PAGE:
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Having the water tested is only one part of establishing the causes of pinholes in copper tubing. Usually there is more than one contributing factor or cause.

Pitting allows a safe haven for bacteria to sit up house and most bacteria produce an acidic waste and acid eats metals, especially soft metals such as copper tubing. All waters contain some bacteria from time to time if not always.

An acid neutralizer is not going to help if pitting is going on in the interior surface of your copper tubing. Any bacteria continue to live in their little haven under any ‘protective’ coating hardness scale forms if any. Most acid neutralizing filters add hardness to the water. MD, Washington DC and Boston are prime examples of leaking copper that anyone wanting to can very easily look up; their protective film ideas aren’t working. Your pinholes say internal pitting is ocurring. BTW, bacteria in those pits create their own protection in the form of encrustation.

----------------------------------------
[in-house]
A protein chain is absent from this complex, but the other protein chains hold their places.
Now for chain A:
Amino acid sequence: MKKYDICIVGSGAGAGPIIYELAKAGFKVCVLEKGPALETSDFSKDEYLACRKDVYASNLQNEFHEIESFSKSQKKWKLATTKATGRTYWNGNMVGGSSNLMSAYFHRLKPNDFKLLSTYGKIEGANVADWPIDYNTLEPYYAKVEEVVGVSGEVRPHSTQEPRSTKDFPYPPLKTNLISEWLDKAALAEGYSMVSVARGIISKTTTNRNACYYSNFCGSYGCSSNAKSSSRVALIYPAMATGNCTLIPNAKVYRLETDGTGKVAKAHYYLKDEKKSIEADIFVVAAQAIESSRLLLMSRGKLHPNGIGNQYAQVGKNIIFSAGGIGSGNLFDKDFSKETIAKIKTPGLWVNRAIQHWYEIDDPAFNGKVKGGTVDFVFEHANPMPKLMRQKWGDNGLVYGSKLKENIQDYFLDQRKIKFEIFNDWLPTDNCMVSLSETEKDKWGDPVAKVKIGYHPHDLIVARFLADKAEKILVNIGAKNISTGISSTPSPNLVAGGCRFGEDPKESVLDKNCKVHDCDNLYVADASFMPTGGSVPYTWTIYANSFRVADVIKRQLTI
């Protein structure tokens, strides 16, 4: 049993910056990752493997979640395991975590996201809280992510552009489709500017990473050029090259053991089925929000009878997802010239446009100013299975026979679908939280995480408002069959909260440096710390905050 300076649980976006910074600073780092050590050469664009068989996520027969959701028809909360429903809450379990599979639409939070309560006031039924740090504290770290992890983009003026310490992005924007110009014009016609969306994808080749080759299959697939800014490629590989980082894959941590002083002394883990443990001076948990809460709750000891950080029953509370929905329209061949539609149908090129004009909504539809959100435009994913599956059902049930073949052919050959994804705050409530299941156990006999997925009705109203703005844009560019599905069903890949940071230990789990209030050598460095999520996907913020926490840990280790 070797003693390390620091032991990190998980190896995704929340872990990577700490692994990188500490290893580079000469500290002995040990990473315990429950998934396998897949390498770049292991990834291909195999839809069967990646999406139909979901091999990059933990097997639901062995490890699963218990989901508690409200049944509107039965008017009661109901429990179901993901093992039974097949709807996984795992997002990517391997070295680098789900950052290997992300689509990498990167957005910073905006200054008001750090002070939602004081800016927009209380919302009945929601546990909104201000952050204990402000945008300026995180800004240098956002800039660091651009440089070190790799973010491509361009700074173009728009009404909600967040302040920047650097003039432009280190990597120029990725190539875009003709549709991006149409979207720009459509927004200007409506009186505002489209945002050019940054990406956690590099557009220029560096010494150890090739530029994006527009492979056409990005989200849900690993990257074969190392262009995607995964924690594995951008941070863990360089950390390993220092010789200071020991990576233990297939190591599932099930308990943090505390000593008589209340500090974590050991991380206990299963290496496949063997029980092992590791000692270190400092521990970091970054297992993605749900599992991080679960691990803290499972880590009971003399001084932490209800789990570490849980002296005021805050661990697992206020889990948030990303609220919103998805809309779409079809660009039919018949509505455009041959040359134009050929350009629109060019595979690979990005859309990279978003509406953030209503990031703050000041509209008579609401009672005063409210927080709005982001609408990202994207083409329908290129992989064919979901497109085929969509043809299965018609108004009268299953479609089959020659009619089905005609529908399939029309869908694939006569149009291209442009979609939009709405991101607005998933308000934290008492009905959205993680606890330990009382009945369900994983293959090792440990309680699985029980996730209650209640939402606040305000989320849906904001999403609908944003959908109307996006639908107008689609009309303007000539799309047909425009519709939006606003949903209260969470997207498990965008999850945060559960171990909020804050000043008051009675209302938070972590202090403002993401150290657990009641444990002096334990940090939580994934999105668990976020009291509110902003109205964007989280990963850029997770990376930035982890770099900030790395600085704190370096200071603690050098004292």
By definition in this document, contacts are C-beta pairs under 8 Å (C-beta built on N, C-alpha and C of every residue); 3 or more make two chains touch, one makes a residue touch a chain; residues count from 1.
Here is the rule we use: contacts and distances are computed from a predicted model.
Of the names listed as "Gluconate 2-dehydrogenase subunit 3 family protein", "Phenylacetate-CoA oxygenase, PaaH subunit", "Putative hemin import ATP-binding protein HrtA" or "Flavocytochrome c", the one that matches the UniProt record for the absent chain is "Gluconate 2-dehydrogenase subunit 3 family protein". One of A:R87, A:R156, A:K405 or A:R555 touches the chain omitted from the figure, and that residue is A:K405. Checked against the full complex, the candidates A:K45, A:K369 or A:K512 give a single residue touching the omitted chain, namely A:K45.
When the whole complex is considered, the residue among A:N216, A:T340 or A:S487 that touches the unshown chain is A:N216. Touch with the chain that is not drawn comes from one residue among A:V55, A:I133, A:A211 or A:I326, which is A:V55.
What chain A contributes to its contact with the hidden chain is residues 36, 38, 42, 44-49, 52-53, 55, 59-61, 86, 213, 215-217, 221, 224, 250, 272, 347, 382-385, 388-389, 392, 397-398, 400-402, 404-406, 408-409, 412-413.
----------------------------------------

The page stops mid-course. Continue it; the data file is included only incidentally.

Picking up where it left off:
Furthermore, the damage is already done to such an extent that the wall thickness of the tubing is probably paper thin in certain areas (future pinholes); or you wouldn’t have pinhole leaks. Dissolved oxygen and CO2 and/or carbonic acid content in the water are a prime cause of pinholes. And then there are the electrical causes, how’s the electrical system grounding in the house?

Quality Water Associates

» This message has been edited by Gary Slusser on 19 May 2004

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